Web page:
Exactly one year ago, on March 23, 2020, Johnson ordered people to stay at home and shut down much of the economy in an attempt to stem the spread of the CCP (Chinese Communist Party) virus, also known as the novel coronavirus.
One year on, England is still under its third national lockdown, but infection rates have dropped and the COVID-19 restrictions are being gradually eased.
In an address at a Downing Street press briefing marking the anniversary, Johnson said that “it has been an epic of endurance and privation” for the entire British people.
“We’ve suffered so many losses. And for so many people, our grief has been made more acute because we have not been able to see our loved ones in their final days, to hold their hands, or even to mourn them together.”
The number of people known to have died in the UK within 28 days of testing positive for COVID-19 stands at 126,172—the worst toll in Europe.
A minute’s silence was observed across the country at midday (1200 GMT) to honour the dead. People have also been invited to stand on their doorsteps at 8 p.m. holding candles or torches.
Johnson said that “at the right moment,” Britain will “build a fitting and a permanent memorial to the loved ones we have lost and to commemorate this whole period.”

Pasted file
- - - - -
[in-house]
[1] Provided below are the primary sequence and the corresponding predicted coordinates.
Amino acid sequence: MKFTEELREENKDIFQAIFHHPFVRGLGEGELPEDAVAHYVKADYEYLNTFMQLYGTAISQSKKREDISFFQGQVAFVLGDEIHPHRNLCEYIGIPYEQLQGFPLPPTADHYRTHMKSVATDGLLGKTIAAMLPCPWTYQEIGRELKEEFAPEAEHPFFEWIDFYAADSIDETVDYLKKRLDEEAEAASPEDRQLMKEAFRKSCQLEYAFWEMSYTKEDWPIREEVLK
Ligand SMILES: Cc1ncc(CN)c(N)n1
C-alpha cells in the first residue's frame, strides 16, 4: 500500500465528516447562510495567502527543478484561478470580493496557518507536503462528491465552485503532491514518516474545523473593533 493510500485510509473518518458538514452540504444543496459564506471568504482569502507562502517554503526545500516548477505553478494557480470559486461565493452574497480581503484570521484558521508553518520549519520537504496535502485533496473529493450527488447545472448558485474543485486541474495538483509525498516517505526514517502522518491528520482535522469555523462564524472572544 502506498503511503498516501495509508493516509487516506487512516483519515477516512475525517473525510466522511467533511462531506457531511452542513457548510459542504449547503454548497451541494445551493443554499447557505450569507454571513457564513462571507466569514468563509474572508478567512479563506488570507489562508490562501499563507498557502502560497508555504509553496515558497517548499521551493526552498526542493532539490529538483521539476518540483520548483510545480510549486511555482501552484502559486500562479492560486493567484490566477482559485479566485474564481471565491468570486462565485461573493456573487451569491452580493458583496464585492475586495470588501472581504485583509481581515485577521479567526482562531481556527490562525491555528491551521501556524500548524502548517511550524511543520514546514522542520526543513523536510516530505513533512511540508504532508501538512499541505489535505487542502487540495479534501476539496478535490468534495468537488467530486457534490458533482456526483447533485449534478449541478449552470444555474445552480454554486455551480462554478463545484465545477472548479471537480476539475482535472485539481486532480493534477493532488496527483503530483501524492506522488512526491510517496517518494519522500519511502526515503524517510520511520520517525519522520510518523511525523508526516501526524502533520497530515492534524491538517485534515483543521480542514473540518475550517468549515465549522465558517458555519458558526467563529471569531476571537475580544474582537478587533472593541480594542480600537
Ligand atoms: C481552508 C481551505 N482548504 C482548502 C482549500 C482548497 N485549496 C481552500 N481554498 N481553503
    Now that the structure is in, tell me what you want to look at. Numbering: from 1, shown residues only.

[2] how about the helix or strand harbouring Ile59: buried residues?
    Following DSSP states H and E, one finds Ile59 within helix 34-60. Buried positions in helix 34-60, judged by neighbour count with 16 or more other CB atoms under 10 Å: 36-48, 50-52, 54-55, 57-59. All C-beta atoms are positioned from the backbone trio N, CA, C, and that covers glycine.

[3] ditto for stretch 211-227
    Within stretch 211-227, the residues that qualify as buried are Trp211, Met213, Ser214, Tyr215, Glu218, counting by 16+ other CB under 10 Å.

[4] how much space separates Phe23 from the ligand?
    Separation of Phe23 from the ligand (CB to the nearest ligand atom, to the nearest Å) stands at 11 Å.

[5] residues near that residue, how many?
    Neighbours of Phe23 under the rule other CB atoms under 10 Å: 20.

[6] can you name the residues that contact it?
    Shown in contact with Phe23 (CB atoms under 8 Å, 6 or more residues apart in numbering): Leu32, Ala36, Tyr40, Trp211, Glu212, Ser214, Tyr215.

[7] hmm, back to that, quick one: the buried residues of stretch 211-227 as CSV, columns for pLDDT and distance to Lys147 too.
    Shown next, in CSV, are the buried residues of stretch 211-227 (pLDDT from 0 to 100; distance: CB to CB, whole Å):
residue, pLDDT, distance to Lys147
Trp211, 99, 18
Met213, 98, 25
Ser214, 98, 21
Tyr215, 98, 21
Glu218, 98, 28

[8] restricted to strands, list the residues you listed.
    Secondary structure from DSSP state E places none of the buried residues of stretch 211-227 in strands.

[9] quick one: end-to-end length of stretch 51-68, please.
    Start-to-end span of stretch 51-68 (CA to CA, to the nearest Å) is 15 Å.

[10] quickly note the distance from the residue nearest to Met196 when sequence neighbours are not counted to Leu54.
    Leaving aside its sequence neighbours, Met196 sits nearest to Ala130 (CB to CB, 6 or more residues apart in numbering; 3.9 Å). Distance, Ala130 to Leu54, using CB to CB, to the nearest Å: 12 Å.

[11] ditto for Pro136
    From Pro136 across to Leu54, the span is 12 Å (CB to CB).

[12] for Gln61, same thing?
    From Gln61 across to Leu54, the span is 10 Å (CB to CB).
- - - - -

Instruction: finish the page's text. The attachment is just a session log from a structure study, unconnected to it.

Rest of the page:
He said the UK was “fighting in the dark against a callous and invisible enemy” at the initial stages of the pandemic.
But he said science has now “helped us to turn the lights on and to gain the upper hand.”
More than 28 million people across the UK have now received the first jab of a COVID-19 vaccine.
“Cautiously but irreversibly, step by step, jab by jab, this country is on the path to reclaiming our freedoms,” he said.
But England’s chief medical officer, Professor Chris Whitty, predicted “there are going to be lots of bumps and twists” on the road ahead.
“There will definitely be another surge at some point whether it’s before winter or next winter, we don’t know,” he told Public Health Conference 2021 on Tuesday.
The prime minister has also warned of the risk posed by the “third wave” of CCP virus infections in continental Europe.
“Previous experience has taught us that when a wave hits our friends, I’m afraid then it washes up on our shores as well,” Johnson told reporters on Monday.
Reuters contributed to this report.